Our camp meeting from its commencement to the present time has been most solemn and the Spirit of the Lord in a most signal manner has been manifested in the social and preaching meetings. The great sin of Jerusalem was the rejection of her present blessings and present warnings. I spoke from these words, “And when he was come near, he beheld the city, and wept over it, Saying, If thou hadst known, even thou, at least in this thy day, the things which belong unto thy peace! but now they are hid from thine eyes.” Luke 19:41, 42. 2LtMs, Lt 16, 1875, par. 19

I made a practical application of these words to the people of God. The solemn power of God was upon me and upon the hearers. The tearful eye and earnest looks revealed the true state of feelings. I invited them forward and about fifty responded to the call—Brother Nichola’s eldest son among the rest. There were no very young children, but mostly middle-aged and youth. 2LtMs, Lt 16, 1875, par. 20

June 8.

Sunday our meeting was good all day. The morning meeting they all said was the best they ever attended. There were sometimes seven on their feet at a time. But I will not give particulars. Brother Smith will make some report in [the] Review. 2LtMs, Lt 16, 1875, par. 21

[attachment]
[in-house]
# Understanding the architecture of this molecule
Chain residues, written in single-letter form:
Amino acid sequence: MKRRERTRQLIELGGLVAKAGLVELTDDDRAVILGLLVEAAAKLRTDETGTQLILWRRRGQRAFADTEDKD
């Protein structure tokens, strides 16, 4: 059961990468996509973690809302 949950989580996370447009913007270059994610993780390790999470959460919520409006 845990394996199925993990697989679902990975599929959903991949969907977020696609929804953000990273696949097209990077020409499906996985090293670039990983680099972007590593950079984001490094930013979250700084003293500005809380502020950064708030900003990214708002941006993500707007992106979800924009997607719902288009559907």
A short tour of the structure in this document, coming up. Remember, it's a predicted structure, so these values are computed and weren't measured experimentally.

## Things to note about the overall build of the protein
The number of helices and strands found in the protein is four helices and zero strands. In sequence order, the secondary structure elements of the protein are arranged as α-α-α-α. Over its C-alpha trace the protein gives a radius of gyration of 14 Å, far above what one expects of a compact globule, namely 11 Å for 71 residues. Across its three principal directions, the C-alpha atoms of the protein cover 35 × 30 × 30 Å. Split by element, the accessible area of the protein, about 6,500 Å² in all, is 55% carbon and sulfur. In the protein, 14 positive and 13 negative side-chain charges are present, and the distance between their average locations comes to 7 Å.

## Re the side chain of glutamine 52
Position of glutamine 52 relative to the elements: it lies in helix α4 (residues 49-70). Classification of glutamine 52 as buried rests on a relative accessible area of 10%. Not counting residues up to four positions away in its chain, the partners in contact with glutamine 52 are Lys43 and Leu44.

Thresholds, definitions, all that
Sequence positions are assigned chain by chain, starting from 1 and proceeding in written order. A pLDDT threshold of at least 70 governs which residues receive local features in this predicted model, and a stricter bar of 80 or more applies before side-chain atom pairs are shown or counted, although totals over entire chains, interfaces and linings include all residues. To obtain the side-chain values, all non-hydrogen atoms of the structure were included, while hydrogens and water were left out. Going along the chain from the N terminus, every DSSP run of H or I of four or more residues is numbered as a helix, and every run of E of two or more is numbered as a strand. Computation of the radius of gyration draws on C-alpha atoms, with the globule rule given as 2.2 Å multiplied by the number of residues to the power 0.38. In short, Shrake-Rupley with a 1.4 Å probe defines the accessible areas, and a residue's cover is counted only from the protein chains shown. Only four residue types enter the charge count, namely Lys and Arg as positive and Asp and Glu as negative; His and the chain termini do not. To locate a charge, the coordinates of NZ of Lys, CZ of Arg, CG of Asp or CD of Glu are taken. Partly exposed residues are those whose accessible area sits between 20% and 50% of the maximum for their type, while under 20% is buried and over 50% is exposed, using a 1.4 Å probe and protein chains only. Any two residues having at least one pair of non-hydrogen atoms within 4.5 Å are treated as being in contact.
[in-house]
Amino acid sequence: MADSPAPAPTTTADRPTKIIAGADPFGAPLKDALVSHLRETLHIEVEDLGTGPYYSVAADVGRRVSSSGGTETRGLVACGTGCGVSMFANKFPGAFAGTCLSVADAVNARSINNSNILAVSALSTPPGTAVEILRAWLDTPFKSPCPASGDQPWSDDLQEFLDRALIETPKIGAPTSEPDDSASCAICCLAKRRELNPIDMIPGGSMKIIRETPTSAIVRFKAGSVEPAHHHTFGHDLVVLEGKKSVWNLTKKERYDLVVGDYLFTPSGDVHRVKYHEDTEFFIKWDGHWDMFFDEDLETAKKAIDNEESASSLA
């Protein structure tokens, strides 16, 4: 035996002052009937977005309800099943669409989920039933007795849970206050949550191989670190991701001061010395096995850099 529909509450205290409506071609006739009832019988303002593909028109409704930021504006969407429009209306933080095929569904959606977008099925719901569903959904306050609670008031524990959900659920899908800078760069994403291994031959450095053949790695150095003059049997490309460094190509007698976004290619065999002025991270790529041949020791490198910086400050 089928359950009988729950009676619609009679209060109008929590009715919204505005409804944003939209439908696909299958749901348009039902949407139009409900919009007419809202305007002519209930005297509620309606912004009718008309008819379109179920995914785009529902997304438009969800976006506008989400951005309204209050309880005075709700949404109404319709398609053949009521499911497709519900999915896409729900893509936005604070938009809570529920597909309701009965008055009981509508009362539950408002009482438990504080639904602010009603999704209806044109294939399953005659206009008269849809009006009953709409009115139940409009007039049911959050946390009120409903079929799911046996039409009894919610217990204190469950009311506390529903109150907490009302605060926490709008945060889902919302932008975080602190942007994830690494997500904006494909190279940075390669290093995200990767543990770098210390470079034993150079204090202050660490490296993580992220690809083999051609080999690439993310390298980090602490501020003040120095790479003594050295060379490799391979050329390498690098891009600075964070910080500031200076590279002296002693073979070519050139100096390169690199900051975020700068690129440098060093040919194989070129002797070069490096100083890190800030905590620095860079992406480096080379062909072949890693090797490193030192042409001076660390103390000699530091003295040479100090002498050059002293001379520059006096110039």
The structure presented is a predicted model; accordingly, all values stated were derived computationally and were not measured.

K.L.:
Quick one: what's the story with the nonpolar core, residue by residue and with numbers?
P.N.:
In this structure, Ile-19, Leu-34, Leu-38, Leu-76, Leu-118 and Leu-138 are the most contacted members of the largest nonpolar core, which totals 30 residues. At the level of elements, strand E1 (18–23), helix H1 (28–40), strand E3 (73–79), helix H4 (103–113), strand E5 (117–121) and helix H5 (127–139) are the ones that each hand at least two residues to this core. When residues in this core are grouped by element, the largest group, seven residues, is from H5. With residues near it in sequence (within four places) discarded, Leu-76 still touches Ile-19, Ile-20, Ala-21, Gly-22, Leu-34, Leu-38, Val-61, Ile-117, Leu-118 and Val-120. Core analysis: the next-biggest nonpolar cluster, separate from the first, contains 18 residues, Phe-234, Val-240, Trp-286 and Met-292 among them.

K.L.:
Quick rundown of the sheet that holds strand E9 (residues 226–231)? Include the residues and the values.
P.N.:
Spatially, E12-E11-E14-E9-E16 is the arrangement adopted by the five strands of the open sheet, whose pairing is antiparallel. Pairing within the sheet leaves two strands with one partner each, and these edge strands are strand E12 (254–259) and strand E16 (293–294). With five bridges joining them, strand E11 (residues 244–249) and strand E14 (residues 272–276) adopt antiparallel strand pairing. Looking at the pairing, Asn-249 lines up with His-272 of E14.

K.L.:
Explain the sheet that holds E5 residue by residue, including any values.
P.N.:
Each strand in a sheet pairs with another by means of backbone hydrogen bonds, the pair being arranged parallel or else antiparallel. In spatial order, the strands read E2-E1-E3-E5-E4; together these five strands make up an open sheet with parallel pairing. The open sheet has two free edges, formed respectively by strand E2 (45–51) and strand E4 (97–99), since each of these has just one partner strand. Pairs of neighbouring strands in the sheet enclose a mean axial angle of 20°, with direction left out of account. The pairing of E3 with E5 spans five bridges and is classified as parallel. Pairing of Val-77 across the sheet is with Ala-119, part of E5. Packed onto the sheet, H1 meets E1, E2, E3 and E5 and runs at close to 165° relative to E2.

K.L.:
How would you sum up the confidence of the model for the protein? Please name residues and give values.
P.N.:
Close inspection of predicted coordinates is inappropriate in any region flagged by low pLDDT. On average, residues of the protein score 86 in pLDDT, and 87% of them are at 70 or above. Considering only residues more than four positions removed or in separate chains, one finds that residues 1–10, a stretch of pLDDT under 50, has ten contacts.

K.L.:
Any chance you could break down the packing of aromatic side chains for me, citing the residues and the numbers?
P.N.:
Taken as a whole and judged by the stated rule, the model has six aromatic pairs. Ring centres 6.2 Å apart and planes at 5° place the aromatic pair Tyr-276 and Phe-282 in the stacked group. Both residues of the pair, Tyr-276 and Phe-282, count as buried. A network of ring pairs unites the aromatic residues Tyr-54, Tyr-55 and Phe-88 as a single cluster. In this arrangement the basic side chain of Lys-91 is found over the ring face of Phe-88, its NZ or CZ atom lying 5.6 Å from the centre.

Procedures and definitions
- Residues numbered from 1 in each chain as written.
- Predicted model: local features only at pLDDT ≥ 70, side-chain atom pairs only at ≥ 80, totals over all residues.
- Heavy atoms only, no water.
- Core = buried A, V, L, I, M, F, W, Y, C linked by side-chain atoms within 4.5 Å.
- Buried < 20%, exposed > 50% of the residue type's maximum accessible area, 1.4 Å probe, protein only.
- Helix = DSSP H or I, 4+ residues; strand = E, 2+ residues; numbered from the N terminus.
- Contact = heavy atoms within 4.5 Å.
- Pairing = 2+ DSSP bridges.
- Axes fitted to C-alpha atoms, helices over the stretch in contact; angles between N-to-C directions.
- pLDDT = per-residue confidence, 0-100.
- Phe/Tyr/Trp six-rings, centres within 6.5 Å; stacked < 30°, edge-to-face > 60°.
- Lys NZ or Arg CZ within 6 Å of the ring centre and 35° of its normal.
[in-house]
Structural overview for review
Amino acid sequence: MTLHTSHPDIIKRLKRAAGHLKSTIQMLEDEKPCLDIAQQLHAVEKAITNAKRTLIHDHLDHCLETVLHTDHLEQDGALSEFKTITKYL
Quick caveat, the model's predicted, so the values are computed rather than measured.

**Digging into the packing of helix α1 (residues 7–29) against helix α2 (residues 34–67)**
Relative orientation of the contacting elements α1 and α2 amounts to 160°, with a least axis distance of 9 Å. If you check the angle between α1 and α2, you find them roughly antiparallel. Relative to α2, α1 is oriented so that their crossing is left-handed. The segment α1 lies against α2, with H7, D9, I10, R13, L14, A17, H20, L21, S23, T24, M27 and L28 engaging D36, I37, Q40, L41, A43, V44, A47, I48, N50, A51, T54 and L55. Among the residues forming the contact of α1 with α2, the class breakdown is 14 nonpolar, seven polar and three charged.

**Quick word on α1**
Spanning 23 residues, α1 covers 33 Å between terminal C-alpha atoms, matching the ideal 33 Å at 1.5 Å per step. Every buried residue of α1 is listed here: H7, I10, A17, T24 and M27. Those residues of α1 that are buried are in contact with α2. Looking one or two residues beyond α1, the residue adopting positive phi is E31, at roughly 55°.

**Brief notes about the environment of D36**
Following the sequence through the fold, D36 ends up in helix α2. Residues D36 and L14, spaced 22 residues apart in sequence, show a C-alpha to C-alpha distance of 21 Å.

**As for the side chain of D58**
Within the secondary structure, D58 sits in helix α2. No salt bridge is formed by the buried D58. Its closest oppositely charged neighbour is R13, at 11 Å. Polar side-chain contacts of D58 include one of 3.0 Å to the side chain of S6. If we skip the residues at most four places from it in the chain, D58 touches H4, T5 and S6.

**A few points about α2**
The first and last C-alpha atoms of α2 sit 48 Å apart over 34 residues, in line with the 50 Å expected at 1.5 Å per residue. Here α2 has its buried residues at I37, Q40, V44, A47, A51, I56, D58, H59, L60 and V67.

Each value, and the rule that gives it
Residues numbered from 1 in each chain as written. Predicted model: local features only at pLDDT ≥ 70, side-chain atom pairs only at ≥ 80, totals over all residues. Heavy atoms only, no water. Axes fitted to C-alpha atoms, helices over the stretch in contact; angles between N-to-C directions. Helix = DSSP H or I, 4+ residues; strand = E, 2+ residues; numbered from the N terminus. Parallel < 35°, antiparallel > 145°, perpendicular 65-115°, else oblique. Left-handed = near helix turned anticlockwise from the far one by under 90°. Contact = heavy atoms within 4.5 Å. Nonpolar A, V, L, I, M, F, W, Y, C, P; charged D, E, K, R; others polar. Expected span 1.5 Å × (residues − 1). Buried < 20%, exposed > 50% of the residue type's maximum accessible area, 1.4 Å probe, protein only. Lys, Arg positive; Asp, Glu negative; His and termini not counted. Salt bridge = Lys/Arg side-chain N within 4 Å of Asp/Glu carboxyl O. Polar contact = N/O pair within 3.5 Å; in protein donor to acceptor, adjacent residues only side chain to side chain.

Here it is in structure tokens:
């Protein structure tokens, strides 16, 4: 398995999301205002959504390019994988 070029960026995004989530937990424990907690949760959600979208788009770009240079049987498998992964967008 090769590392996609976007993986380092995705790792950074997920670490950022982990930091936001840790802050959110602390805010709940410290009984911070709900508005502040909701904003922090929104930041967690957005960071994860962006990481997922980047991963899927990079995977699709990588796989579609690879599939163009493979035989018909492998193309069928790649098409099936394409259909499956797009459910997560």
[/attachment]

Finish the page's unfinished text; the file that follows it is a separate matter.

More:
We are of the best of courage. My husband will not let anything depress him. We have been harmoniously working with the armor on since we left Battle Creek for California. I regard it that you have taken yourself from the work and from the responsibilities God had called you to bear. If you are blessed in this move, I shall be disappointed, for I know that you are not moving as God designed you should. I do not write this to draw out your sharp answers, acting the lawyer, criticizing as did Elder Littlejohn. 2LtMs, Lt 16, 1875, par. 22

The Spirit of the Lord is grieved by the course you and others have pursued, whom the Lord has reproved. You must meet the result of your course. You have had great light and are accountable for the light. 2LtMs, Lt 16, 1875, par. 23

If your course leads the lame out of the way, if souls stumble over you, you alone must bear it, not the instrument whom God has used to warn and counsel. I see it makes no difference with men whom God tests with reproof. They all go over the same ground and act out self. They carry out their own will for a time as did Elder Canright and others I might mention, but I will forbear. 2LtMs, Lt 16, 1875, par. 24

These moments are golden. We cannot afford to trifle with time and opportunities for doing the work God has left us. Now is our day of opportunity. Now is our day of visitation. But these things will not always be. They will be hidden from our eyes—privileges abused, privileges rejected. We feel that God requires much of us in return for His blessings. 2LtMs, Lt 16, 1875, par. 25